A man accused of a double murder claimed that he committed the crime because the victims had a button to detonate an atomic bomb.
The man identified as David Sinders stabbed Dwayne MacLeay, 28, and Gary MacKay, 35, to death at a house in Inverness, Scotland in May 2020. MacLeay used to live in a flat across from Sinders in Balloan Road. On the night of the incident, Sinders had gone to MacLeay's house, and MacKay had joined them later.
Sinders, who has paranoid schizophrenia, had also attacked a woman named Kimberley Nicholson with a knife, but she managed to survive the attack. Nicholson was washing dishes in the house when the accused went on his killing spree.
The perpetrator is being treated at the State Hospital at Carstairs and has now been acquitted by the High Court in Glasgow.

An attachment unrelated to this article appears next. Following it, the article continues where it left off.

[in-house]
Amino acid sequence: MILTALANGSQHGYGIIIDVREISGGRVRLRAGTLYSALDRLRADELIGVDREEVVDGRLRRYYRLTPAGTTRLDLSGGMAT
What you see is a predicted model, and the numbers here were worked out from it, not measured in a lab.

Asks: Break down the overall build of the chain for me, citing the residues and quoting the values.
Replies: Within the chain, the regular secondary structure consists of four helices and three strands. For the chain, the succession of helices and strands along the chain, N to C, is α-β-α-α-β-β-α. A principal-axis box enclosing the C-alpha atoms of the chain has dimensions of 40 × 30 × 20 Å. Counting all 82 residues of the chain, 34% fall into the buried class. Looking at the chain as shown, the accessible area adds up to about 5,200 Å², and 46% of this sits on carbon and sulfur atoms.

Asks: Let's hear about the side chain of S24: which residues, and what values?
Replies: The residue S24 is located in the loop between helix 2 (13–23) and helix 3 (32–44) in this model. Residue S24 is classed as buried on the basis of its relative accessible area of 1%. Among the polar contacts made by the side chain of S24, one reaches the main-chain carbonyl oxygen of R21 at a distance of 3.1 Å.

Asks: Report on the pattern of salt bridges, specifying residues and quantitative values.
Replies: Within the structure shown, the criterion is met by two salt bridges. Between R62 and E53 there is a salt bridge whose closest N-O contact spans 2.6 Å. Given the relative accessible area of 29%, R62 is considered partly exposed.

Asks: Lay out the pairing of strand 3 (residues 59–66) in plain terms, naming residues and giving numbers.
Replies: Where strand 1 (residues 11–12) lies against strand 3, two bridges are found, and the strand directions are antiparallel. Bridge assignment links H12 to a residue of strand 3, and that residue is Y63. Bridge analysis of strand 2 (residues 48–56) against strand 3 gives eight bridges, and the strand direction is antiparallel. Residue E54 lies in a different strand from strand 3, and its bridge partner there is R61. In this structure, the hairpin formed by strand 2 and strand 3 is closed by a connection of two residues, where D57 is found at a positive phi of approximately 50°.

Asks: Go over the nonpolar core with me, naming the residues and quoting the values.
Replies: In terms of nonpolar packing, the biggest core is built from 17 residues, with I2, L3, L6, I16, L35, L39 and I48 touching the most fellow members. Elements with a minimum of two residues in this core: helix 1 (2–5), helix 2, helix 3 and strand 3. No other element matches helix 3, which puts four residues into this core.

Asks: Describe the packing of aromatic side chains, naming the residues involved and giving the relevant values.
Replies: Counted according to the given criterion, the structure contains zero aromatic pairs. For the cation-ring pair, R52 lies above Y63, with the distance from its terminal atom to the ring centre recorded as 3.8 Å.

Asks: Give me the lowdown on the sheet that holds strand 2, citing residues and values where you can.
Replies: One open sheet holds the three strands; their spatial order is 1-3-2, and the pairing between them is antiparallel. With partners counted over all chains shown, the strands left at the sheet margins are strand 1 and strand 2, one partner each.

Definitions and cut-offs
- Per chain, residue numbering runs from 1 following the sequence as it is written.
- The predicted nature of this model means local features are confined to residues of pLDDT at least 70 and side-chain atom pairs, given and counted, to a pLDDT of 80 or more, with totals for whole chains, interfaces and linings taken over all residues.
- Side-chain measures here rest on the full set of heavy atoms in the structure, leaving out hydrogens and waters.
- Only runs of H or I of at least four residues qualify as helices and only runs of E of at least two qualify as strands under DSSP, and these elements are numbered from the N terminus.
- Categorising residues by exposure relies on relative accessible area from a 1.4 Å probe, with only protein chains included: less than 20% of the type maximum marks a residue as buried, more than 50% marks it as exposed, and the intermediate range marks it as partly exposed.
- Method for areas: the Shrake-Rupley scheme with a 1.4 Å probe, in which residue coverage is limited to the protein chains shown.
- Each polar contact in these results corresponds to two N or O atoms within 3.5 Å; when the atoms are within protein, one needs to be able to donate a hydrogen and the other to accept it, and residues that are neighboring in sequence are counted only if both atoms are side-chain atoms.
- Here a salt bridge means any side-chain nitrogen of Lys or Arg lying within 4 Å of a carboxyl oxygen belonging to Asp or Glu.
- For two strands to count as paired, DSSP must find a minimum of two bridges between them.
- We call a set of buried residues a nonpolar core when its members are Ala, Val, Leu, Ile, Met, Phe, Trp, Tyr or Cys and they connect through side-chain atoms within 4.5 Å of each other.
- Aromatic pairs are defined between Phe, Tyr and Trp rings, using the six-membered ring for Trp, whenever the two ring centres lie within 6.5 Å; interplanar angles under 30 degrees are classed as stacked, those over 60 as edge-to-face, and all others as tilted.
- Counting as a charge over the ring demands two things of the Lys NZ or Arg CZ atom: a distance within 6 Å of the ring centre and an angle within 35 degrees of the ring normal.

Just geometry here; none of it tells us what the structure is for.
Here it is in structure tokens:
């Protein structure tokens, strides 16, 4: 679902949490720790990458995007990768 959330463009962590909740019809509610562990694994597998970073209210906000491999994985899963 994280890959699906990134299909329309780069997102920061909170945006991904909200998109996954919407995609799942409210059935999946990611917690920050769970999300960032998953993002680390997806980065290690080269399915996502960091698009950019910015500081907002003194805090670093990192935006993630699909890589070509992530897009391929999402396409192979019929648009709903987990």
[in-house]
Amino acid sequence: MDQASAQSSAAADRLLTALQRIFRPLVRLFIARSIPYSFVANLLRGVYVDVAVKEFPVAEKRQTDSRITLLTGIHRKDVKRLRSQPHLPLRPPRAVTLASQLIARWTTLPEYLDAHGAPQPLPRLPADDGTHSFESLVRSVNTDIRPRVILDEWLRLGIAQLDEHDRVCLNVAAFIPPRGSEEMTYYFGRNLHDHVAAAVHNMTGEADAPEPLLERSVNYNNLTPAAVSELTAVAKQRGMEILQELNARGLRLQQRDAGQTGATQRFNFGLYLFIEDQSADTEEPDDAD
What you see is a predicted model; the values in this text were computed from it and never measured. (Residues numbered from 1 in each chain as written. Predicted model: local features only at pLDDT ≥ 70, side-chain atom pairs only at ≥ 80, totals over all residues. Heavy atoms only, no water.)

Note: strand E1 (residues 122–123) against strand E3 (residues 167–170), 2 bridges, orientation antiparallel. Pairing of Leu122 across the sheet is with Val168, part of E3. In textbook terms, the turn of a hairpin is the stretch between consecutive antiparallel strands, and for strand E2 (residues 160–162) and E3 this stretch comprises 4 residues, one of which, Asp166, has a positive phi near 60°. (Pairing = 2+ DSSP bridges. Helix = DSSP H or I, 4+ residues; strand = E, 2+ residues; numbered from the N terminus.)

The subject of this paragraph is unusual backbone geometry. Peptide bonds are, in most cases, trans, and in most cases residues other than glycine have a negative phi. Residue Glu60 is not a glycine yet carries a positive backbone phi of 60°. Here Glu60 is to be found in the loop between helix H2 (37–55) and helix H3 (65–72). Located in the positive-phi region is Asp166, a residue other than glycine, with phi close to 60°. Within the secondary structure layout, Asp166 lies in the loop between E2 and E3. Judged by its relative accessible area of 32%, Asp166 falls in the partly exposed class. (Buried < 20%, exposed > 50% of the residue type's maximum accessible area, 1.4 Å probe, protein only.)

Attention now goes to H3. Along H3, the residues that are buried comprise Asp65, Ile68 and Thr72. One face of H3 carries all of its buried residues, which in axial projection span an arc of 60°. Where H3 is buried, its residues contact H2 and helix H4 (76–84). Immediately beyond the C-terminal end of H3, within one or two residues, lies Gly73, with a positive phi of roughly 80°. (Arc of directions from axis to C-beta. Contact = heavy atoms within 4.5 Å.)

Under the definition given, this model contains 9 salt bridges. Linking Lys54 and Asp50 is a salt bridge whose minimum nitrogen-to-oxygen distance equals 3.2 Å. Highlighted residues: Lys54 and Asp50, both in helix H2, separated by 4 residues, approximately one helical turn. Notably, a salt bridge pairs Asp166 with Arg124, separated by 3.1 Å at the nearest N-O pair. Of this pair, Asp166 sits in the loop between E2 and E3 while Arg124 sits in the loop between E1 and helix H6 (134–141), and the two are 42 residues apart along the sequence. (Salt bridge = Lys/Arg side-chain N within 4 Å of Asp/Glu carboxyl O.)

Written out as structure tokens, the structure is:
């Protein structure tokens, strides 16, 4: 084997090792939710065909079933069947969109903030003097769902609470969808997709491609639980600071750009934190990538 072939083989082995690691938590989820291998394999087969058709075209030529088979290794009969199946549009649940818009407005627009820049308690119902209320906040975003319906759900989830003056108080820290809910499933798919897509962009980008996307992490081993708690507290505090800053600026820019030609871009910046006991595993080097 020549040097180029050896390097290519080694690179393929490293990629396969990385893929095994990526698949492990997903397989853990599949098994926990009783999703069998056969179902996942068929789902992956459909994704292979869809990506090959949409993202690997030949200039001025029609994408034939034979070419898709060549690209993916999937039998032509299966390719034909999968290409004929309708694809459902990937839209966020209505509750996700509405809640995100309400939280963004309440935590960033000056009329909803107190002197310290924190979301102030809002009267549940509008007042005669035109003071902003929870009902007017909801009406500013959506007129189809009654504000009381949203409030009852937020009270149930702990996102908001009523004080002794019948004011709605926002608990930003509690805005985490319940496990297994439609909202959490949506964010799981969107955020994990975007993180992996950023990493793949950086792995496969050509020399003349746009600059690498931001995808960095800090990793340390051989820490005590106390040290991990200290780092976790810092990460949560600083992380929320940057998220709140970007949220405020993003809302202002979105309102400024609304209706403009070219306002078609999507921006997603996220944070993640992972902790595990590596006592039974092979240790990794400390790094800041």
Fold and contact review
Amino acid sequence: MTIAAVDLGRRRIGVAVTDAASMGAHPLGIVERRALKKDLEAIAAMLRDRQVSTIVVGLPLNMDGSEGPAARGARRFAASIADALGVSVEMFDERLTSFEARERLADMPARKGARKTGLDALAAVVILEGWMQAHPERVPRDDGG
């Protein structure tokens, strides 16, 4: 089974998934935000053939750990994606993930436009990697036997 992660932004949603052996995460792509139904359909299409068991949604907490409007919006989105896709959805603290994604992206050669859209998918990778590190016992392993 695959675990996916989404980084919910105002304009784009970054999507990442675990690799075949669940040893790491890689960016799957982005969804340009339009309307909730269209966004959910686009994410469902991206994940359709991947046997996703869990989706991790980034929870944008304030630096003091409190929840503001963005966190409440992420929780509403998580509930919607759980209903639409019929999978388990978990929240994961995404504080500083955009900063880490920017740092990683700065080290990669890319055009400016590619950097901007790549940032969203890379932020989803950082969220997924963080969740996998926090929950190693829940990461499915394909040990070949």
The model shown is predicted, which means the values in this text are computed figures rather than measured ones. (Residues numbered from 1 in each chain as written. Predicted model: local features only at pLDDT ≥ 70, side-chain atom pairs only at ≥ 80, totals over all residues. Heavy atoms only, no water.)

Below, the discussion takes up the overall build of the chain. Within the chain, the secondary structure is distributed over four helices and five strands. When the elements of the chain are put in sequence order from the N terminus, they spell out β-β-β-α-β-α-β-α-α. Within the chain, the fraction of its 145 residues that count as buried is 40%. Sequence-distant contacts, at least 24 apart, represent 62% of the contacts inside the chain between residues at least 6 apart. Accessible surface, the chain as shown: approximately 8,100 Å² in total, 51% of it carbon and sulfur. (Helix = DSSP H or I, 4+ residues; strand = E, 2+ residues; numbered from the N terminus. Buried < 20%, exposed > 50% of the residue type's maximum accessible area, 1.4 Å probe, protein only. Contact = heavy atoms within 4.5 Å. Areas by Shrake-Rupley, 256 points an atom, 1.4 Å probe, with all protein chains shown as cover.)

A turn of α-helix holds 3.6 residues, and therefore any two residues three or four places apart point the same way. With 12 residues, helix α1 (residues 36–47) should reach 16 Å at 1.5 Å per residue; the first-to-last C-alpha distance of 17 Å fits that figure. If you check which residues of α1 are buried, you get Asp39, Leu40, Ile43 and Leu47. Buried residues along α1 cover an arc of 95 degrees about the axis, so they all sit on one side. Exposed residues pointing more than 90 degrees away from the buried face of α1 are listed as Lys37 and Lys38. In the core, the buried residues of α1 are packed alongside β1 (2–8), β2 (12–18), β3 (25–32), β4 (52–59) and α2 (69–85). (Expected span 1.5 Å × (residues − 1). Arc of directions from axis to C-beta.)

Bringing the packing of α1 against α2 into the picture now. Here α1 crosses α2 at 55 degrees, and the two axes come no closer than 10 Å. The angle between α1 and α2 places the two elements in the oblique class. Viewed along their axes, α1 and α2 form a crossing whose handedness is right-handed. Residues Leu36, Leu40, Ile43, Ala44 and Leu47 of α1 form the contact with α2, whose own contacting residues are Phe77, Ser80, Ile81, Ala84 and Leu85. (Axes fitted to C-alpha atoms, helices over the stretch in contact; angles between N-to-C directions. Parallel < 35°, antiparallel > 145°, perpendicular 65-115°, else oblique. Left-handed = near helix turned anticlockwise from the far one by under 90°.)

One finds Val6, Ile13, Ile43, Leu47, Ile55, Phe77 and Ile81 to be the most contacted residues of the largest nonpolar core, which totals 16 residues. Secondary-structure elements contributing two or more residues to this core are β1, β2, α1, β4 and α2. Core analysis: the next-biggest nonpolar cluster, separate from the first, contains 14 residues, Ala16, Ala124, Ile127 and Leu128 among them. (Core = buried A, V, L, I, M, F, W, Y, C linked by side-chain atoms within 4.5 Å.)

The court heard that when the police arrived at the crime scene, Sinders asked a police officer if the "two men were dead?" The officer said he did not know, to which Sinders said: "I hope so."
The court was also told by the medical examiners that Sinders' condition involved "hallucinations and delusions" and that he continues to suffer from the same.
He had initially maintained that he had been home sleeping when the incident took place, but later stated that he had stabbed the victims. "He made a number of comments including, 'They had a red button. I had to stab them. The red button would set off an atomic bomb,'" said Leanne McQuillan, the advocate depute.
Judge Lord Harrower concluded that Sinders had "beyond reasonable doubt" carried out the attacks. However, he "did not appreciate the nature or wrongfulness" of his conduct, according to a report in The Mirror.
"As a result, I am satisfied beyond reasonable doubt that he was not criminally responsible for his conduct by way of a mental disorder. I acquit him by reason of the special defence," the judge added. Sinders will stay in Carstairs for treatment on a compulsion order without limit of time.